Absolutely. Jumping into the original theme, which is pretty iconic, can you talk about collaborating with Steve Jablonsky on recreating that?

I love Steve Jablonsky. I think we integrated elements from the original score and he also reinterpreted it. He did some things that just really make me proud to be in this business because he’s a real artist. He created some emotions in scenes that maybe weren’t there before until the music was laid on top of it. I got to sit and watch the orchestra play our movie, which I guess doesn’t always happen on a moderately-priced film. It was very exciting.

Obviously you’ve talked a lot about the dream sequences, but how did you go about crafting those? What type of atmosphere did you want to achieve with them?

You know, the dream sequences are based on a common reality. What you’ll see is the physical world where it just changes a little bit. There’s an image that has certainly been on the internet for a little bit where a girl is walking into her bedroom and it’s snowing. I love that image. It’s beautiful and yet there’s something kind of spooky going on at the same time. I think that’s the quality of all the dreams we have in the movie. Yes, it’s beautiful but it’s not so beautiful that it takes you out of the story and it’s not like you’re just looking at a pretty image.

The one I actually find very striking is where you see Freddy walking into a convenient story with “All I Have to Do is Dream” playing.

Oh, one of my favorite moments in the movie.

That song should feel so on-the-nose, but it just seems to fit.

Thank you so much. You know what, there’s nothing better than The Everly Brothers singing that song and watching Freddy Krueger walking towards somebody. You know, we did something really cool in the movie with the idea of micro-naps. Micro-naps is suppose to be a very real thing that would happen to you if you stayed up for seventy-two hours that you’d dream with your eyes open. You cannot help yourself and you’ll hallucinate for a number of seconds. That’s a new kind of terror that we added to the movie that never existed before. That’s what you see in that scene. She’s not dreaming, she’s having a micro-nap but he’s in the world with her. I think it’s really cool.

And it’s a new idea in the franchise.


When it comes to those dreams too you have a big advantage with having someone like Craig Jackson doing the art direction.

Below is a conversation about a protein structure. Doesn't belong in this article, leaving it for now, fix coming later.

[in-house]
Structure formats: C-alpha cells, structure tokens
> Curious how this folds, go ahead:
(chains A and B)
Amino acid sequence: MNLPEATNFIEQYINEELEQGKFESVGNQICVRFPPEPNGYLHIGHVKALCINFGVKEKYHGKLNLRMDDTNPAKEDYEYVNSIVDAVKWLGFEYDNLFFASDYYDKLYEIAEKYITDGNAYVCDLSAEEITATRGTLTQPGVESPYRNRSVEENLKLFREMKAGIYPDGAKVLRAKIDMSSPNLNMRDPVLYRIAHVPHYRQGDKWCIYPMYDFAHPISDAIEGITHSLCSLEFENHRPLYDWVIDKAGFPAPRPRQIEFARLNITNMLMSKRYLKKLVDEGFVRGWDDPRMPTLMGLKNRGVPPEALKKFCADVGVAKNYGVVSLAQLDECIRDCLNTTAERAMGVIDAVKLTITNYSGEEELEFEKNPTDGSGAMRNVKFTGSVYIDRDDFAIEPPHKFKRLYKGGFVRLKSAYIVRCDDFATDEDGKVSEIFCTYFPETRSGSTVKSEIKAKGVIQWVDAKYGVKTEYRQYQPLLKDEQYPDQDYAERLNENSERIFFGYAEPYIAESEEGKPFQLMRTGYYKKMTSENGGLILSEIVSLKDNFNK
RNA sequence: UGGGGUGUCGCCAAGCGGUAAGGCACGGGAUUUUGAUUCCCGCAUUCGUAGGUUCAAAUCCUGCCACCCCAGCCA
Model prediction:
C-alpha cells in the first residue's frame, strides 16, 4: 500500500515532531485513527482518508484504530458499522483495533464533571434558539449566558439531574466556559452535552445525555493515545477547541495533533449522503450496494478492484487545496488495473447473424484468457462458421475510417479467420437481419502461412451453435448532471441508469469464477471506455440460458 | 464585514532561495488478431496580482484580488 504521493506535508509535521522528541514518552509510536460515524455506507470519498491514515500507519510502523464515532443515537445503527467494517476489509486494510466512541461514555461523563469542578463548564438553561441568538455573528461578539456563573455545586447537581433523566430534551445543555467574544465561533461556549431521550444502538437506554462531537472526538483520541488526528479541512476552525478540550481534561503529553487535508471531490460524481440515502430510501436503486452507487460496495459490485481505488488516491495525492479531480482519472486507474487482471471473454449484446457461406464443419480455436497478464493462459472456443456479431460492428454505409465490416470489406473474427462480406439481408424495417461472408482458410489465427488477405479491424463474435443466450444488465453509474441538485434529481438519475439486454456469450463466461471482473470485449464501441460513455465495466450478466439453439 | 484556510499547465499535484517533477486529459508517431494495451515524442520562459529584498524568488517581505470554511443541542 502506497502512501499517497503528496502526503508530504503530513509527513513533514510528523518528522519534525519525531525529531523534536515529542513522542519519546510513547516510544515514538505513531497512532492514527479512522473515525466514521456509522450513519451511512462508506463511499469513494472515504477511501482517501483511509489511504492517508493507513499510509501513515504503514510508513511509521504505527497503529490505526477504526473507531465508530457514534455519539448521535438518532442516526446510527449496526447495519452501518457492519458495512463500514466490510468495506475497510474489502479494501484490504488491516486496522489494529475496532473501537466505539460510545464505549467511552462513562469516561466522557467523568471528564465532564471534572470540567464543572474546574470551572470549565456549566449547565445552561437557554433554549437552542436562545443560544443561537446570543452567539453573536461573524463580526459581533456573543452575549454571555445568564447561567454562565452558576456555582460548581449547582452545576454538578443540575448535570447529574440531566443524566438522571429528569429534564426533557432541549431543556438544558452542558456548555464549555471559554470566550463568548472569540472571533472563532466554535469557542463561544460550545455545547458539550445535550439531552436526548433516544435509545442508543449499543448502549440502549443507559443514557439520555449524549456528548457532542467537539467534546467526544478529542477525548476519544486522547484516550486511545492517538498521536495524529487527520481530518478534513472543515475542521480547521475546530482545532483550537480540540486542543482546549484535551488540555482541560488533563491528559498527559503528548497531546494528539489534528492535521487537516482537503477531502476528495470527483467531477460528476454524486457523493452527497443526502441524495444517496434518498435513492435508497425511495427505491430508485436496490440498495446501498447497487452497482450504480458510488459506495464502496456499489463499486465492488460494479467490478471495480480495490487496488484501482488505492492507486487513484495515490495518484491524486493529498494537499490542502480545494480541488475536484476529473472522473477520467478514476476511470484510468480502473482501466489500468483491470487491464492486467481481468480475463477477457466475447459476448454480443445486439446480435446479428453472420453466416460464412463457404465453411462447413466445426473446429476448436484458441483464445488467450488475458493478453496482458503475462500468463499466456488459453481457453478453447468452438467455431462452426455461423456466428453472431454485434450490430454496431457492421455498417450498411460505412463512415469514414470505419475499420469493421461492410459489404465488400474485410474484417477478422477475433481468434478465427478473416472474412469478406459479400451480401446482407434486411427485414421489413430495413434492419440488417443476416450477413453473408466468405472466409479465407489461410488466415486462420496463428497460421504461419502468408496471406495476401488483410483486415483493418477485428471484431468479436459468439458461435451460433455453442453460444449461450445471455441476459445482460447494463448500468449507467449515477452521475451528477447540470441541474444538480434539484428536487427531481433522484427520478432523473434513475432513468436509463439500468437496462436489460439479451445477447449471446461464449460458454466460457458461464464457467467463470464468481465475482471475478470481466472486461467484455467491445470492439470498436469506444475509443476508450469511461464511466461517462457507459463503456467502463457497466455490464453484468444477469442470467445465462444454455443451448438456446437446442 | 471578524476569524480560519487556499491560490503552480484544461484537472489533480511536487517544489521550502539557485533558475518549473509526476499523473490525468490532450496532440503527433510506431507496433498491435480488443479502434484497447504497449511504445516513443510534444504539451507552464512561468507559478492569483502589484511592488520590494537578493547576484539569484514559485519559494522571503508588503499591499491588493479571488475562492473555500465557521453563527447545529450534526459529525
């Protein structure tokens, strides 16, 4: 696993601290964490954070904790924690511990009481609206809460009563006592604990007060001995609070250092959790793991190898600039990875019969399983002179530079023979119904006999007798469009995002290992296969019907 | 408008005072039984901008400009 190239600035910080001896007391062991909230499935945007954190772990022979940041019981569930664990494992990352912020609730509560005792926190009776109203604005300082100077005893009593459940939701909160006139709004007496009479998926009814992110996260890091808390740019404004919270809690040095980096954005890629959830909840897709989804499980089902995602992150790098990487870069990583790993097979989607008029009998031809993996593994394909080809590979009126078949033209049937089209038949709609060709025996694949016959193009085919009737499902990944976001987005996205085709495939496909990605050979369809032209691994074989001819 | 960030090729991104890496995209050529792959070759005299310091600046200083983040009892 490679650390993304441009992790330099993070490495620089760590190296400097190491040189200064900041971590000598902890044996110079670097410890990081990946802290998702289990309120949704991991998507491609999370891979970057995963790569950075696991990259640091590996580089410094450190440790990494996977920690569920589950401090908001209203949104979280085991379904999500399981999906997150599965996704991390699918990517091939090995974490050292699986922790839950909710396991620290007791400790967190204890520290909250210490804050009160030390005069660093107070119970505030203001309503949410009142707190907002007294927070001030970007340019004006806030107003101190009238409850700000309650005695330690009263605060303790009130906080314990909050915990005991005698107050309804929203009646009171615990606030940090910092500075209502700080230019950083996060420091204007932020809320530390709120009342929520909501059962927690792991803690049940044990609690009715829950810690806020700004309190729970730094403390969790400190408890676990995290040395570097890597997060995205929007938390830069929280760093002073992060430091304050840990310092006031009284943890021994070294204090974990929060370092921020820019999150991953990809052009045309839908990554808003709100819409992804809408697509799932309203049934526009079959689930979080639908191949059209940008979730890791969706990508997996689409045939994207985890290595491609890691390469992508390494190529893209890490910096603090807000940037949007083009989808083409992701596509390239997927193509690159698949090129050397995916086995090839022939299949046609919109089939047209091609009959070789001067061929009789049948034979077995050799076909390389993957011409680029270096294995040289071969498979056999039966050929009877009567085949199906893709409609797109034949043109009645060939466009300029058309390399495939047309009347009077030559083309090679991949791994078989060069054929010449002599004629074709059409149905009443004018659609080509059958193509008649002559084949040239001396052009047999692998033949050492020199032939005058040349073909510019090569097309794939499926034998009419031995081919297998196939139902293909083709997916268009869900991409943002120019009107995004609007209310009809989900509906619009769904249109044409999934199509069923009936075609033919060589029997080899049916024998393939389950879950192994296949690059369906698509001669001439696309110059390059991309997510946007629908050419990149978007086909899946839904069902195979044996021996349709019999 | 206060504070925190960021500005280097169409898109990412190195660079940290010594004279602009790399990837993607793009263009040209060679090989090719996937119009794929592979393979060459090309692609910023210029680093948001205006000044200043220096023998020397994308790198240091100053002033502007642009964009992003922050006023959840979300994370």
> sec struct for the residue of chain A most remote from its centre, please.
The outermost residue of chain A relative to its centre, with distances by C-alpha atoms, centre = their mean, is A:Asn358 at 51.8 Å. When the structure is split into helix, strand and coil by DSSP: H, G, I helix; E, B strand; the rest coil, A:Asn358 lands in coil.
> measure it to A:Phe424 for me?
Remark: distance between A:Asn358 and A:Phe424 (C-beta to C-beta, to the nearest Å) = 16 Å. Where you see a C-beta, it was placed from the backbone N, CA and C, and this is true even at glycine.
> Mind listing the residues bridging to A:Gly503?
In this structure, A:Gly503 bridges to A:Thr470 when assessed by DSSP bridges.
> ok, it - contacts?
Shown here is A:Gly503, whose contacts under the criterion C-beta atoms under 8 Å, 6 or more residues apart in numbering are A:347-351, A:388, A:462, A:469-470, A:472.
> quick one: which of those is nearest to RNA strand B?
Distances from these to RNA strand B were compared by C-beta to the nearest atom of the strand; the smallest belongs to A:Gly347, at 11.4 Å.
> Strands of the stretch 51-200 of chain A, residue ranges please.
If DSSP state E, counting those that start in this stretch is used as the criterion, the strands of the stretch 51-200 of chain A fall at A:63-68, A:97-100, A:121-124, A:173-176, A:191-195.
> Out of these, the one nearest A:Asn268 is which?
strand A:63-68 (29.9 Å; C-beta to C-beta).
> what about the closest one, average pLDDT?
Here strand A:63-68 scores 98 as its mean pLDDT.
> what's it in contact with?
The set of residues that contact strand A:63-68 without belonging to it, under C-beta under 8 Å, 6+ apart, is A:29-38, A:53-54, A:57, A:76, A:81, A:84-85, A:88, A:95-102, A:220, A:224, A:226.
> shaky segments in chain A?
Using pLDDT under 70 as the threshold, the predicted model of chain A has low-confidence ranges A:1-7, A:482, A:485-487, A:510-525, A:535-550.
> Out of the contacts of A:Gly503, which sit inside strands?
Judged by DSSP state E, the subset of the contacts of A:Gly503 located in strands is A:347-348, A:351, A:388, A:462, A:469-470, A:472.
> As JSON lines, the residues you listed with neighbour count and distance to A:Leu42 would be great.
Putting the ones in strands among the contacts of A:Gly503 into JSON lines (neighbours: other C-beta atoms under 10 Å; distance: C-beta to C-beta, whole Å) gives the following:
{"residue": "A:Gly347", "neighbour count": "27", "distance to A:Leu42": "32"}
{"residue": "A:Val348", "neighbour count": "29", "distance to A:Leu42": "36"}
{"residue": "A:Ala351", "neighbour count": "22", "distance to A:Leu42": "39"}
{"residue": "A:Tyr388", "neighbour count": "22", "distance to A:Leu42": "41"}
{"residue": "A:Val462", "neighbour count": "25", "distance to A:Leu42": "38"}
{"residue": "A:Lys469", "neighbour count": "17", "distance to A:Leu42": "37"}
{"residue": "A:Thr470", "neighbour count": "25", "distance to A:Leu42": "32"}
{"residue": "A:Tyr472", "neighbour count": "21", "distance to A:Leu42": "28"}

Well, he was amazing. We also had Patrick Lumb who did Valkyrie for Bryan Singer. Him working with Craig was just amazing. They made a good team.

You also of course collaborated heavily with Brad Fuller and Andrew Form who are very hands-on. How was that experience?

You know, we have a love-hate and hate-love relationship.

I’ll definitely make sure to ask Fuller about that.

Al right, good. I think we’re right now in the love stage, so you can talk to them more about that. Listen, they care so much about what they do. I hope they share my sentiment that we’ve created together a very different movie for them. I think this is unlike any other Platinum Dunes movie.

Obviously on a film like this you do a lot test screenings. What’s that process like? How did that affect the final cut?

I think test screenings are an integral part of the process just as much as a 50-year old man needs to see a proctologist. You need to have your movie test screened.

What will see on the DVD? Any deleted scenes?

We got some stuff up our sleeve that ended up on the cutting room floor. So we got some surprises.

The nightmare map?

Yeah, the nightmare map is probably on the cutting room floor. You’ll see some stuff like that.

Are you still planning on doing Fiasco Heights?

Fiasco Heights might be dead for right now.

If Nightmare does well, could that help get that off the ground?

You know, lets see what happens. I’m really excited to see what happens after this weekend. I’ve waited a long time for this and I’m open to anything.

For whatever your next project may be, I’ve heard you say a few times that you’re not very interested in doing another horror movie after this. Why not do another horror movie?

You know what, I think I’m really open. I think I said that a couple of months ago and I may have changed my mind a bit. I’m really open and I’m gonna see what happens after this weekend. Help me get people some people to buy tickets.

You probably don’t need my help for that. Before I let you go, what are a few music videos of yours that you’d like to recommend our readers to check out?

There’s two music videos that I did [I’d like to recommend]. There’s stuff that people always know like “Smells Like Team Spirit” or the Blind Melon video, but maybe that’s a bit old for some of your readers. I did two videos that I’m really proud of which is “Bullet with Butterfly Wings” and I also did this video for The Strokes a couple years ago called “Heart in a Cave.”

Related Topics:

Longtime FSR contributor Jack Giroux likes movies. He thinks they're swell.